"Along with taking measures to protect our health, we also need to adopt measures to facilitate trade and investment at the international and domestic levels. This is the key to ensuring that this health crisis does not lead us to a long-term economic crisis," Bobenrieth noted in a written statement issued by the APEC Secretariat and received here on Thursday.
The CTI is APEC’s largest group and is often at the frontlines of the forum’s work to realize free and open trade and investment.
Bobenrieth noted that the key components for economic growth -- trade and investment -- were acutely impacted by the pandemic.
The World Trade Organization (WTO) Director General highlighted that world trade is estimated to decline between 13 percent and 32 percent in 2020 across all sectors of the economy during the pandemic.
Trade and investment are also crucial in our fight against the pandemic, for instance, through facilitating the trade of essential items, such as medicines, medical supplies, and equipment.
The latter is recognized by the recent APEC ministers responsible for trade statement on COVID-19 and negotiated virtually in a comprehensive manner for the foremost instant.
The statement, encompassing several trade and investment commitments, comprises facilitating the flow of essential goods and services to fight the pandemic, making supply chains more resilient, ensuring that trade and investment is sustained, identifying and tackling unnecessary barriers to trade, upholding WTO’s notification commitments, as well as boosting electronic commerce and related services.
In the past few weeks, the CTI had channeled its focus on implementing these commitments. For instance, members are exploring ways to facilitate the trade of medical and other essential goods and services.
A recent voluntary CTI survey indicated that at the domestic level, 15 out of the 20 currently participating economies had eliminated or reduced tariffs temporarily or even permanently -- mainly on essential products -- to fight the pandemic.
In times of supply chain disruptions, closed factories and social distancing requirements, trade facilitation responses are paramount to maintaining market supply.
In that context, Bobenrieth pointed to another noteworthy finding that at the domestic level, over two-thirds of the 20 participating economies indicated that they had implemented temporarily or, in part, also permanently, new trade facilitation measures during the COVID-19 pandemic.
"An example of one such measure is accepting electronic submissions of trade-related documents and information," she remarked.
Bobenrieth further highlighted that nearly all participating economies had declared having applied measures to address value and supply chain disruptions caused by the pandemic.
"They have done so, with a focus on expediting and simplifying customs procedures, for instance, through priority procedures for essential products. Such measures are important since the COVID-19 lockdowns have resulted in delays in border and customs procedures and can lead to logjams at major ports," she expounded.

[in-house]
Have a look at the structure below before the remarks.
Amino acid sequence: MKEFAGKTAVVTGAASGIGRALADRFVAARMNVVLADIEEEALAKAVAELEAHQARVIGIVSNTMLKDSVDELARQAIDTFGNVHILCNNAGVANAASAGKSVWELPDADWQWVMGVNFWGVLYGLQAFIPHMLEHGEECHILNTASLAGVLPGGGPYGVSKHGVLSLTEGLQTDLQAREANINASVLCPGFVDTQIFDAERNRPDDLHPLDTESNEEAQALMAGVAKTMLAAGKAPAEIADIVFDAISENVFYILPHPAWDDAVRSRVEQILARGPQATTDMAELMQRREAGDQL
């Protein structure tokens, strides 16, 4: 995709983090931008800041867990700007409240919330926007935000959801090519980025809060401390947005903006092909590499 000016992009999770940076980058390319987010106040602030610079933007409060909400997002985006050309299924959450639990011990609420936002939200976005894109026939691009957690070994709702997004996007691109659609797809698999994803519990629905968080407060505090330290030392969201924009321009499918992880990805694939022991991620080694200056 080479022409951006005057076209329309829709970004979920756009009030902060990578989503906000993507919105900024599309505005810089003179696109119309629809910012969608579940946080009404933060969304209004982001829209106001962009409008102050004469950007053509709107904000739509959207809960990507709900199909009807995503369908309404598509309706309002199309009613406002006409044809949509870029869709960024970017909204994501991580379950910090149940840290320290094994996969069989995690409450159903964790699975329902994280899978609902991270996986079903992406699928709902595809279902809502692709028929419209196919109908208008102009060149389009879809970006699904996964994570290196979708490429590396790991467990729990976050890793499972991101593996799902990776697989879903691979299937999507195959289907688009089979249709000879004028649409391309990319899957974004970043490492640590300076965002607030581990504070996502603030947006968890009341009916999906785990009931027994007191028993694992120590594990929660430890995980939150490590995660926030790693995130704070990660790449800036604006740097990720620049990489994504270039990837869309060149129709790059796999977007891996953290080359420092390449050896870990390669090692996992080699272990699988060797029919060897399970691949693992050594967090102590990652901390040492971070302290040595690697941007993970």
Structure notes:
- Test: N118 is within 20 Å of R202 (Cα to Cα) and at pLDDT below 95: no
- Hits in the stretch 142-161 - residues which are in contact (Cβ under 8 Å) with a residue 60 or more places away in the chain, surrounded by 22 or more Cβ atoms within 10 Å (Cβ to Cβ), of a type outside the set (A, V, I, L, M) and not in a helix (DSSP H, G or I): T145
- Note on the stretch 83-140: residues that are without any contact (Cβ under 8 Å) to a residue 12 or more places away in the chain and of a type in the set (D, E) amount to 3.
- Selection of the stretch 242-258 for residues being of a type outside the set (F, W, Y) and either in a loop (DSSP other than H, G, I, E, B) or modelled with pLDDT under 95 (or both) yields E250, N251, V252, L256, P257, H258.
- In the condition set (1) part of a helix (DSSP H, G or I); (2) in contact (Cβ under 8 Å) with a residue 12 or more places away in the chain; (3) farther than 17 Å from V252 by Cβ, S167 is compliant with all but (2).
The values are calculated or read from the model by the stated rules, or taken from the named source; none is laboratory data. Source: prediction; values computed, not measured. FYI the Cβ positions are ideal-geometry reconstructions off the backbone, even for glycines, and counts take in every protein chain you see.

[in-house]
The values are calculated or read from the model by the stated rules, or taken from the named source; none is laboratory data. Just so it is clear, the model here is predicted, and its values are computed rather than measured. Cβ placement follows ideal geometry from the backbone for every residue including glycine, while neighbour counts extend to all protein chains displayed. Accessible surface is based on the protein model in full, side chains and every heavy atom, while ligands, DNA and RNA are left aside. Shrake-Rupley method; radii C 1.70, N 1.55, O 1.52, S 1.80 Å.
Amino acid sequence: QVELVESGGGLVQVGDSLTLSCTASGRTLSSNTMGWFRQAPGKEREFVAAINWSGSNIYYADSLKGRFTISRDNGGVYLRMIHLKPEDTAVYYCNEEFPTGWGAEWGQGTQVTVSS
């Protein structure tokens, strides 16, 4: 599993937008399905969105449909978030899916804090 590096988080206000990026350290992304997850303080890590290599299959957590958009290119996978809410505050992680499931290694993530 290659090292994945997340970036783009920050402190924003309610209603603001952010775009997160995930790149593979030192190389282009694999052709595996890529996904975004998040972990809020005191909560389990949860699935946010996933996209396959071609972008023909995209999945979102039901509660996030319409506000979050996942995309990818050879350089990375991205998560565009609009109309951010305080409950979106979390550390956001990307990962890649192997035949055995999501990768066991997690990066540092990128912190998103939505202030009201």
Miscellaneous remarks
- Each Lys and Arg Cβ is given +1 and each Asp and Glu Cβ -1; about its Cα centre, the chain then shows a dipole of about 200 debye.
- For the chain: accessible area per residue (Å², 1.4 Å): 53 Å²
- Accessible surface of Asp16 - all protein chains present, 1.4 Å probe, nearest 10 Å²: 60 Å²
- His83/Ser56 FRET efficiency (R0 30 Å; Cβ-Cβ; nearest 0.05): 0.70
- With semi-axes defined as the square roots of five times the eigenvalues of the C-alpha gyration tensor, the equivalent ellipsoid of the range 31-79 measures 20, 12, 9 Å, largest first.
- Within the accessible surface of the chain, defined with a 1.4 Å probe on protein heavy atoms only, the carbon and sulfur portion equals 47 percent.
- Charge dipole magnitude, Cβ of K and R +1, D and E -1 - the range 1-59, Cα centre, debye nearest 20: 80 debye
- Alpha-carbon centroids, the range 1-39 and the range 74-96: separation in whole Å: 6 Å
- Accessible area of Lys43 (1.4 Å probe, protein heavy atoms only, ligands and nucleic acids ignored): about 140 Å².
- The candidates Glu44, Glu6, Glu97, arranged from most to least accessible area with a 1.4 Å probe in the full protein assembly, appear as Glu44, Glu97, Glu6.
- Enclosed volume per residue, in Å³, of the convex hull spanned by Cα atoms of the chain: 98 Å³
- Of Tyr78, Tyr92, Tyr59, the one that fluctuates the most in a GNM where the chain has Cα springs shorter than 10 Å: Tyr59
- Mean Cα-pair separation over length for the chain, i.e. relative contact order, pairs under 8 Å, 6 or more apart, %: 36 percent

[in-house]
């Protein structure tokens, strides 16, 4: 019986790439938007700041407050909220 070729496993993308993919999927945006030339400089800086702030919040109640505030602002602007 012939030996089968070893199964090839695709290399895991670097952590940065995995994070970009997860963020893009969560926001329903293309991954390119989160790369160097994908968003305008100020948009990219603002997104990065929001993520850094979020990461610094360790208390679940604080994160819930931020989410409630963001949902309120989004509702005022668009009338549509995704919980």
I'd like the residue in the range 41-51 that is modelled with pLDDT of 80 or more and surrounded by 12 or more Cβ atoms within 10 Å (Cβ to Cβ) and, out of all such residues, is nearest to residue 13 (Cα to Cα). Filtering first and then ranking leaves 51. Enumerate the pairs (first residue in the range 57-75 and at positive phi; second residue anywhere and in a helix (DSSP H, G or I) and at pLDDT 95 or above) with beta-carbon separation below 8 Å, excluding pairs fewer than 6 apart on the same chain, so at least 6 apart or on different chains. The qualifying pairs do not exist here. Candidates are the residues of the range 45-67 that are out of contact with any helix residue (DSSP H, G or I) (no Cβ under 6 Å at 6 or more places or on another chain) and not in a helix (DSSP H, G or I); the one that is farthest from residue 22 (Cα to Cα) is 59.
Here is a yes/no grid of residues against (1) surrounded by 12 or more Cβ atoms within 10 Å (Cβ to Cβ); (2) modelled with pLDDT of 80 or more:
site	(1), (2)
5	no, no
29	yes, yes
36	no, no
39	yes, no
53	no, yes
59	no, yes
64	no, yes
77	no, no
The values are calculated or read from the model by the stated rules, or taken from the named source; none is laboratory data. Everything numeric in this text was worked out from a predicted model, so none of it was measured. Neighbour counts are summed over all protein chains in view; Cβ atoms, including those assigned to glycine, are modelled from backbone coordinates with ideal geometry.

To this end, another crucial area of focus for the CTI is the extent to which the pandemic has disrupted global value and supply chains. Potential issues that necessitate attention are the levels of disruption, resilience, and adaptability of value and supply chains under the current COVID-19 pandemic and future crises.
It is also crucial to share best practices and to obtain inputs from the public and private sectors involved in maintaining and managing value and supply chains, Bobenrieth noted.
Last but not the least, the CTI is also diverting its attention to promoting transparency in COVID-19-related emergency measures, especially through notifications to the WTO.
Even as the pandemic has necessitated protecting human, animal, and plant life; the environment; and product safety, it is important to ensure that such measures are in accordance with the economies’ WTO obligations.
"This will keep relevant stakeholders, including importers and exporters, informed, so that they may act accordingly," she stressed.
Apart from these newly raised issues yet under discussion, it is also important to highlight that the CTI has myriad ongoing projects that can contribute to our collective fight against COVID-19, for instance, work related to digital trade, connectivity, the modernization of global value chains, implementing the WTO Trade Facilitation Agreement, and inclusive approaches to trade, among others. The CTI is currently tasked with intensifying such efforts.
"Hence, a lot of work has yet to be done, but as the CTI chair, I am confident that members can achieve positive outcomes and demonstrate strong commitment towards the APEC community and its collective fight against COVID-19. To contribute to the discussion, I am looking at ways to advance our work, including through virtual meetings," Bobenrieth noted.
"My role, as the CTI chair, is focused on facilitating the search for a consensus on work in the areas of common interest, flexibility, and collaborative dialogue in a back-to-basics spirit. My aspiration is that the CTI continues working with all the commitment and enthusiasm as before, even in a virtual format, in order to generate real support for the Asia-Pacific community," she affirmed.
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